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Nutrition: Effective Library Research: 6. Clinical evidence

Online tutorial introducing you to the skills and techniques needed for effective library research.

As part of your research you may need to consider clinical evidence and practice implications. The following provides an introduction to locating clinical evidence. It's important to consider the type of evidence you need as this will influence where you search.

Medical research can generally be divided into two categories:

Primary research: Original research carried out in a clinical or laboratory setting. Examples include: observational studies and randomized controlled trials.

Secondary research: Analysis of primary research, often to pool data or review the body of evidence on specific conditions. Examples include: systematic reviews and guidelines.

The evidence pyramid illustrates different evidence types according to their methodological strength. Each level of the pyramid represents a different type of study. As we go up the pyramid, the stronger (i.e. more reliable and higher quality) the evidence. We should aim to locate evidence higher in the pyramid whenever available. 

Hierarchy of evidence

Hierarchies of evidence help you to identify the most robust evidence to answer your research question by helping you decide what evidence to look for. Generally study designs towards the top of the hierarchy have measures in place to minimise bias, so they are good places to start.

Different research questions require different study designs, so there is no one hierarchy of evidence. The pyramid below details a hierarchy of evidence for effectiveness questions, i.e. are steroid tablets more effective than combination inhalers in treating adults with severe asthma?

There won't always be high level evidence such as systematic reviews or randomised controlled trials available in the area you wish to research, so you will need to consider evidence further down the pyramid.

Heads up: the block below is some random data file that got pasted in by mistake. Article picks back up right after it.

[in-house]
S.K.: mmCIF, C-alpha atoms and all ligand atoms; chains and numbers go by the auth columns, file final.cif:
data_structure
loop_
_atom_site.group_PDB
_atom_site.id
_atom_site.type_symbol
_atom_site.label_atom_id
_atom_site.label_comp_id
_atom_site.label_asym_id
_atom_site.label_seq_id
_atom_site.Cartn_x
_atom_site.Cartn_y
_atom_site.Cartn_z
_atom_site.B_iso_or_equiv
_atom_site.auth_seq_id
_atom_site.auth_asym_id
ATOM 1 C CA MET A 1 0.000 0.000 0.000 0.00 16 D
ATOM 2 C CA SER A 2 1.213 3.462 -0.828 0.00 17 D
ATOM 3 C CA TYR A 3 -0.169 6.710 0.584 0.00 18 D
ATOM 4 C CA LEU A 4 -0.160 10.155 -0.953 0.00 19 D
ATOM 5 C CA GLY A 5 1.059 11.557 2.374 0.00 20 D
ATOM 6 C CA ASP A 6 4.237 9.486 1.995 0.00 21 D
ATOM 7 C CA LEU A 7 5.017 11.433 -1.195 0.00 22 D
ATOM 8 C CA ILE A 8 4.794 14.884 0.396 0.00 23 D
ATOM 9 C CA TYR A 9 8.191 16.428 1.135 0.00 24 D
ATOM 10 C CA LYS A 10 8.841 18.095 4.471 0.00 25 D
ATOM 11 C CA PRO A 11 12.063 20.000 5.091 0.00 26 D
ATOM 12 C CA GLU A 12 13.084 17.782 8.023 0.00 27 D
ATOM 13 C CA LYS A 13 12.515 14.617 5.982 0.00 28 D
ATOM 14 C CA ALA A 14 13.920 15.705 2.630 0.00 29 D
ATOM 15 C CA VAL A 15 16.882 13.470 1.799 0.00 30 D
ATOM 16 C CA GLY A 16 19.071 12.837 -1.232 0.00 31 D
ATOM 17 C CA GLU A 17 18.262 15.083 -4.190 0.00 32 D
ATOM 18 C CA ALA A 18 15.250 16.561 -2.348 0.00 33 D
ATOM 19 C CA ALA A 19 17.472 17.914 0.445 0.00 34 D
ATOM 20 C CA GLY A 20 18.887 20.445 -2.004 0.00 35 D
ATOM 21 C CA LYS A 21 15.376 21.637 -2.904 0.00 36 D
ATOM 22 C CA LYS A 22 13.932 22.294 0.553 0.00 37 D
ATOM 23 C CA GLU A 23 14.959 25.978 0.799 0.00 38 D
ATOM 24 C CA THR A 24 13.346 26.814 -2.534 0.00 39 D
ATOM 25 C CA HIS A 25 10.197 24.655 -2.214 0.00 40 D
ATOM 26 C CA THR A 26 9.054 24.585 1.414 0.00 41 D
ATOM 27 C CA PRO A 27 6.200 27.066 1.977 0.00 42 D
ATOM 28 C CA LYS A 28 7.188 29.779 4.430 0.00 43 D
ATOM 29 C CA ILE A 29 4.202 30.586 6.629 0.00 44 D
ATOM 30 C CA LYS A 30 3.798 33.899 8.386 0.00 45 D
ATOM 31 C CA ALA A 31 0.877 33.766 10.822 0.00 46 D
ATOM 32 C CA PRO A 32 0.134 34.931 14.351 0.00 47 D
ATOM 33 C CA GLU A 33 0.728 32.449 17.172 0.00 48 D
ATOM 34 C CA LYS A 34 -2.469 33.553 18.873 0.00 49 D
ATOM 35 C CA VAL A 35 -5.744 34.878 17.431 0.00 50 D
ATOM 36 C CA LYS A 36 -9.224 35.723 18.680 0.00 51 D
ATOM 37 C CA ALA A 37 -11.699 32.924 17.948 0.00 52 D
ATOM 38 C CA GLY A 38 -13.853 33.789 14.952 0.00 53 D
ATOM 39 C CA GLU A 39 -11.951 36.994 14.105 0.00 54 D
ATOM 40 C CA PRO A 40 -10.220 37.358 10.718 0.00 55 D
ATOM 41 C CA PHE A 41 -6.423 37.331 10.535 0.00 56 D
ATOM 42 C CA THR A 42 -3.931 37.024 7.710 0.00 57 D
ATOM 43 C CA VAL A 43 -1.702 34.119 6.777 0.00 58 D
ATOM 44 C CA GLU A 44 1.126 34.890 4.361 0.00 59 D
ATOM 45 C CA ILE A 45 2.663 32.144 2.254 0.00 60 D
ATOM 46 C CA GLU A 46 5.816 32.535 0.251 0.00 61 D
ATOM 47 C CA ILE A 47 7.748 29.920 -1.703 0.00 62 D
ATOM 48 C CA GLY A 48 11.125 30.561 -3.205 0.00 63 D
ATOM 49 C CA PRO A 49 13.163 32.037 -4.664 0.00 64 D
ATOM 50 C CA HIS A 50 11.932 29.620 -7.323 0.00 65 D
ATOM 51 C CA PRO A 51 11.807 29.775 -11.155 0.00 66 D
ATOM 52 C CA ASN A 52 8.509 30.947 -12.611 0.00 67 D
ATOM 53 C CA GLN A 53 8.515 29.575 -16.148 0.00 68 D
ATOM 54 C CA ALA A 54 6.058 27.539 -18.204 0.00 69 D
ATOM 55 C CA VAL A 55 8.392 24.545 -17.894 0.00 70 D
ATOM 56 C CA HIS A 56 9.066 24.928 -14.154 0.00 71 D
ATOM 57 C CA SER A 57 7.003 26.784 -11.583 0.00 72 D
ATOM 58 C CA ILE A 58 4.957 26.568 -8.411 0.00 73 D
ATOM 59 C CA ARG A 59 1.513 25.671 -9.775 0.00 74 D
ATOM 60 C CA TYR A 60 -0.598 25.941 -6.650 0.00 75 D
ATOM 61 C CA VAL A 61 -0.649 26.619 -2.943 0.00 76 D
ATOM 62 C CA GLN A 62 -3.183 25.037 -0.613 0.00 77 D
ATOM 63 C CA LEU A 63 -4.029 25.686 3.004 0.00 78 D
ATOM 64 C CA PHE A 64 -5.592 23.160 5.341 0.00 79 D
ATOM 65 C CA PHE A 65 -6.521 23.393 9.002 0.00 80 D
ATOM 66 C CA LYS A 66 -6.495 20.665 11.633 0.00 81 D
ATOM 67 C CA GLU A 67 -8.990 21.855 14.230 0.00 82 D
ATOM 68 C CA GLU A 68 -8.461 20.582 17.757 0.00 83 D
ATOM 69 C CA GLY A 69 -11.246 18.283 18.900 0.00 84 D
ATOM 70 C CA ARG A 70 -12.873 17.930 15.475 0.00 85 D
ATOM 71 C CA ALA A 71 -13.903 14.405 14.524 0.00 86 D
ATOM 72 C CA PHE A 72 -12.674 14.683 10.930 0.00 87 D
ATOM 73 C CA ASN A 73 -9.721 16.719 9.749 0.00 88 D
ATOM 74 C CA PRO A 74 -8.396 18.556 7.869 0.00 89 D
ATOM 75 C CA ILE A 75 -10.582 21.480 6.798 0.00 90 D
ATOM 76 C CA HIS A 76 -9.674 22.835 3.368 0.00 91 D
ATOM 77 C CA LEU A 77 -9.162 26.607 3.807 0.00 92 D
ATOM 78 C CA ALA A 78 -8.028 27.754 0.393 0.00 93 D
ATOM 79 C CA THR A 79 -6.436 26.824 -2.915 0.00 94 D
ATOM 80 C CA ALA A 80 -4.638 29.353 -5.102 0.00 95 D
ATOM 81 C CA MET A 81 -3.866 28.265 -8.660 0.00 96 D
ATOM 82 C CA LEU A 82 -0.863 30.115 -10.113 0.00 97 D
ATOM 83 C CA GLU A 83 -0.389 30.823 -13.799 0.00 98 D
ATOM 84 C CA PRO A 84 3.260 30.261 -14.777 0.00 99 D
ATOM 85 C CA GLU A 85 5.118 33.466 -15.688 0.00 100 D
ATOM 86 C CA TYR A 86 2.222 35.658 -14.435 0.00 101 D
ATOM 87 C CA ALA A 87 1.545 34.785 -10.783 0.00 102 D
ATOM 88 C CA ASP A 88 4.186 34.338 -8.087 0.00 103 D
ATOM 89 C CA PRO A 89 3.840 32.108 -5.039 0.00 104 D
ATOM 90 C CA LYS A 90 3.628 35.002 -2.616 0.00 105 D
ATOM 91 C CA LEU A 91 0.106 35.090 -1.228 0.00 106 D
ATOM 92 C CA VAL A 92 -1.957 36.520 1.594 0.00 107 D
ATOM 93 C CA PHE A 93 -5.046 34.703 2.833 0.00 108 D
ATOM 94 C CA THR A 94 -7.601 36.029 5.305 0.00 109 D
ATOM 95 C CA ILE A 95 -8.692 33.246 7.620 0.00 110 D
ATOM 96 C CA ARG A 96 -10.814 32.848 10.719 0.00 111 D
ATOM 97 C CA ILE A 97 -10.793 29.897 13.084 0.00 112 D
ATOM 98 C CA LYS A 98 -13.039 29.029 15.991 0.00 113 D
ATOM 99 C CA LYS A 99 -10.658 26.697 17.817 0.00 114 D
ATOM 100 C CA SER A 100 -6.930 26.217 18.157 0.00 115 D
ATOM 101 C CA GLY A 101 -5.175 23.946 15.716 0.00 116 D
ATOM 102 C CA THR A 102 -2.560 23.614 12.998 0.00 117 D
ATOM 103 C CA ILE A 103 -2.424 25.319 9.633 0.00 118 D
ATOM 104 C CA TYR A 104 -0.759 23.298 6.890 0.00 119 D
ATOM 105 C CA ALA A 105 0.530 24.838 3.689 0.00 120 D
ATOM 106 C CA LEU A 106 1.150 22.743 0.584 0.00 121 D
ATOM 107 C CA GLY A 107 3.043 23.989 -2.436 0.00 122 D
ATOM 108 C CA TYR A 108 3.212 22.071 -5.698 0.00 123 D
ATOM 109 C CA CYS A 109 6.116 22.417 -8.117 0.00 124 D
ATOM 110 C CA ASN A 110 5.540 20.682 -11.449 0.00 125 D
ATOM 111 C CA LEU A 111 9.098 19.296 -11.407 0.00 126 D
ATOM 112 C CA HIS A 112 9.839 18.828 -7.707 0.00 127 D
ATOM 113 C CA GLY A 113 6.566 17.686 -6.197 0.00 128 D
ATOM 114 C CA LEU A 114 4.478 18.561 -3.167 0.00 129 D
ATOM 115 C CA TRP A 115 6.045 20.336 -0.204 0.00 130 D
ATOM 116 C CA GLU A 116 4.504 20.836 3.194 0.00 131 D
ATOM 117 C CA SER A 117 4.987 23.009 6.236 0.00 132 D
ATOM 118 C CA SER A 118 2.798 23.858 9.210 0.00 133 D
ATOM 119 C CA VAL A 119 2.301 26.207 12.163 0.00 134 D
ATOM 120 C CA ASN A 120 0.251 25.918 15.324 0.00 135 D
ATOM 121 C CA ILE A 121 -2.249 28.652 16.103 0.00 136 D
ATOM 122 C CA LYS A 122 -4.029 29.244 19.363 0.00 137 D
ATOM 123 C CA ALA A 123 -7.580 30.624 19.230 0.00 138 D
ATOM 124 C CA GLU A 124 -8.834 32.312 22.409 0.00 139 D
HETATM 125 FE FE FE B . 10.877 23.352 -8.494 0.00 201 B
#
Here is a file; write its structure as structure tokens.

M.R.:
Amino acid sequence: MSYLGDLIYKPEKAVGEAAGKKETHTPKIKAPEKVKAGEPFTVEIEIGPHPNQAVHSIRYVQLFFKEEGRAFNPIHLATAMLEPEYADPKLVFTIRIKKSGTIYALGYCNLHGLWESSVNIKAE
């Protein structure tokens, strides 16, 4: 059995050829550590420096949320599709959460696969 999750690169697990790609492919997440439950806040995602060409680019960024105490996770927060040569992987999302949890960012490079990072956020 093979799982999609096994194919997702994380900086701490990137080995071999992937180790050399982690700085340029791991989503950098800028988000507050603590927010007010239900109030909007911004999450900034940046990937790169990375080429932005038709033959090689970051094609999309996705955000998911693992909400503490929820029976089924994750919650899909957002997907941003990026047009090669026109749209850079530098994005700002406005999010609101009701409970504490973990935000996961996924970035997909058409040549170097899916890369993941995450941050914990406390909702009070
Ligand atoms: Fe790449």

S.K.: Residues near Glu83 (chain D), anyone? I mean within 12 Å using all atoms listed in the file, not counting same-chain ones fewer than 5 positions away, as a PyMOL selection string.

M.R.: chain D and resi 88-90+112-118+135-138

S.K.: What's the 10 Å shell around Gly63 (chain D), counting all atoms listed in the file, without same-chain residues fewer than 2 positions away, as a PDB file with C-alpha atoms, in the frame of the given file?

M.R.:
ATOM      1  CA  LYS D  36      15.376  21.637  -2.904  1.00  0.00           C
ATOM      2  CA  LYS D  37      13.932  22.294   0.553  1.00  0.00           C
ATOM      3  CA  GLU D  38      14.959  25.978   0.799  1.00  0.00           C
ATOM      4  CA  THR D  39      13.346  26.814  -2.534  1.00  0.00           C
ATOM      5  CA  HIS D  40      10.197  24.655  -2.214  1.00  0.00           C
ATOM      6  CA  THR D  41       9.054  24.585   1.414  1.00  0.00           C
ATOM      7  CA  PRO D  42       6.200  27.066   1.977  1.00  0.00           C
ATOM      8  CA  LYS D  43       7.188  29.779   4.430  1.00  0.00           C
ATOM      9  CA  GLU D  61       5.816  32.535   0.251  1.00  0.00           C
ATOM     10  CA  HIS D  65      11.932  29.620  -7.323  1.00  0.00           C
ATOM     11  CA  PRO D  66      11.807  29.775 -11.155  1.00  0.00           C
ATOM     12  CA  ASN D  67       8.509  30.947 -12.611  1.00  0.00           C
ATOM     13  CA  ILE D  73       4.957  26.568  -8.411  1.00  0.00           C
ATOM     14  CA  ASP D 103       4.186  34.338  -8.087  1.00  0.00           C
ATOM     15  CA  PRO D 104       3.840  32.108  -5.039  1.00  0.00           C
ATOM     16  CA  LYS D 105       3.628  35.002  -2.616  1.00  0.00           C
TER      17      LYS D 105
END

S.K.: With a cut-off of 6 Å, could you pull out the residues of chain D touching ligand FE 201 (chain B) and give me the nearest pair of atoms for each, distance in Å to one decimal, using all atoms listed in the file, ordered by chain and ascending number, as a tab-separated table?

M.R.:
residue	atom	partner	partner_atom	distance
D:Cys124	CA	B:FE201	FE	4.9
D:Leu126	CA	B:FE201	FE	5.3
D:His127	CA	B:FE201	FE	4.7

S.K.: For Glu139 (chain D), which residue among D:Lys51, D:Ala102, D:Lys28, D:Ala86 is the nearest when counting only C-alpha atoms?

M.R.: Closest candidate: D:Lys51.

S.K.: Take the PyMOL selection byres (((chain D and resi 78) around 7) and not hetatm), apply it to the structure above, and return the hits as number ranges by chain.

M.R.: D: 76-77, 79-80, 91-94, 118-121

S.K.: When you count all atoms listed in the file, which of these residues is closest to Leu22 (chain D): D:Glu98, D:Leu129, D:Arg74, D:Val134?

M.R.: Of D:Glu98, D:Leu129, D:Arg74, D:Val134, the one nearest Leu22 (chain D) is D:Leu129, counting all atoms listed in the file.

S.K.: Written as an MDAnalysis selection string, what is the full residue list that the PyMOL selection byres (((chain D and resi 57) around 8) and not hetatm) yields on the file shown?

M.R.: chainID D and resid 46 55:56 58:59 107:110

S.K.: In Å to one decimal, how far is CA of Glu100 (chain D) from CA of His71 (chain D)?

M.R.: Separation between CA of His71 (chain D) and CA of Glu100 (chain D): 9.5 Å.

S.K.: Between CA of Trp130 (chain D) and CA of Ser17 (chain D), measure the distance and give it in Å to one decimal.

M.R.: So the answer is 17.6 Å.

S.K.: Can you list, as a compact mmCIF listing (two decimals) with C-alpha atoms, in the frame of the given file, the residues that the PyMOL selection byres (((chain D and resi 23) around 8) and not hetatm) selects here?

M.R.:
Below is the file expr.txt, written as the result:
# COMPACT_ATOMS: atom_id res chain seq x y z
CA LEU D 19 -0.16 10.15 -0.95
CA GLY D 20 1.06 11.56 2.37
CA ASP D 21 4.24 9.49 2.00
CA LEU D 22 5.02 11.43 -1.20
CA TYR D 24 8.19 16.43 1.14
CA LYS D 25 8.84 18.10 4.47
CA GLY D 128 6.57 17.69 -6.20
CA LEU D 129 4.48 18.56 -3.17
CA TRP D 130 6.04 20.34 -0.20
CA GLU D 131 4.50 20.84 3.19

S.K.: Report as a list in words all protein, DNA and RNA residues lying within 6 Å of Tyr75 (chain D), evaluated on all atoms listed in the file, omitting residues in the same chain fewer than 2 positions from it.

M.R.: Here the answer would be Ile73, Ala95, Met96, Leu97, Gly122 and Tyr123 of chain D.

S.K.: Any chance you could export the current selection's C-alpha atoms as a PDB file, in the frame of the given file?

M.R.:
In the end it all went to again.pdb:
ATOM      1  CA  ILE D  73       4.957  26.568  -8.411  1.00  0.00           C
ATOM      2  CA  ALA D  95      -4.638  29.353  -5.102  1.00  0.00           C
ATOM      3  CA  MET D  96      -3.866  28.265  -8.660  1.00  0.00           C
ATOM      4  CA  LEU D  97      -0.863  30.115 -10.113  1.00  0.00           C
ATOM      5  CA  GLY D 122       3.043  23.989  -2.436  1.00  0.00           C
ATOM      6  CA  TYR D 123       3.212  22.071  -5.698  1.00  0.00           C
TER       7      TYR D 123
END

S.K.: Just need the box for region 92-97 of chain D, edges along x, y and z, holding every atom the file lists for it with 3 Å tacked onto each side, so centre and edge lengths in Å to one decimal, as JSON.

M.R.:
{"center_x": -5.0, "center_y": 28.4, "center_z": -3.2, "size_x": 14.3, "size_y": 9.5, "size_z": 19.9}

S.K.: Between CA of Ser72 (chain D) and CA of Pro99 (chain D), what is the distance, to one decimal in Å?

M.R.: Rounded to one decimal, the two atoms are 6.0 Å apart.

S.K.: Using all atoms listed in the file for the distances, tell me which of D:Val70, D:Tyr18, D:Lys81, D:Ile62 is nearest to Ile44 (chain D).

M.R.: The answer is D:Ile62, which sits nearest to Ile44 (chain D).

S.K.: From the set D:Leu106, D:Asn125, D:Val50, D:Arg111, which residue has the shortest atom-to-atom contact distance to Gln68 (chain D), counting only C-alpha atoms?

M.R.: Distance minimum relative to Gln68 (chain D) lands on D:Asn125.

Resources for finding clinical evidence

NICE Evidence is a search engine which allows you to search for guidelines, health technology assessments and economic evaluations. You can access prescribing information through the BNF and BNFC and up-to-date Clinical Knowledge Summaries (CKS) that condense the evidence-base on particular topics. 

TRIP database is a clinical search engine, that has been designed to help you find evidence-based content quickly. TRIP will help you identify research evidence, as well as images, videos and patient information leaflets. 

The Cochrane Library is home to two databases. The Cochrane Database of Systematic Reviews will help you identify systematic reviews and protocols (a comprehensive description of a plan for a systematic review, including the rationale, hypothesis and the methods the authors intend to follow.) 

Cochrane Central Register of Controlled Trials (CENTRAL), can help you identify randomized and quasi-randomized controlled trials. It's worth noting that you won't be able to access the full text of the studies. You'll need to try and track down the full-text of the study using a research database such as MEDLINE or EMBASE.

Medline contains over 25 million citations in lifesciences and biomedicine. Coverage is from 1946 - present. You may already be familiar with searching Medline through PubMed. The articles indexed are the same, although PubMed coverage starts from 1966. 

This tutorial focuses on searching Medline via the Ovid platform. This platform is good for running advanced searches and provides access to full-text articles where available through university subscriptions.

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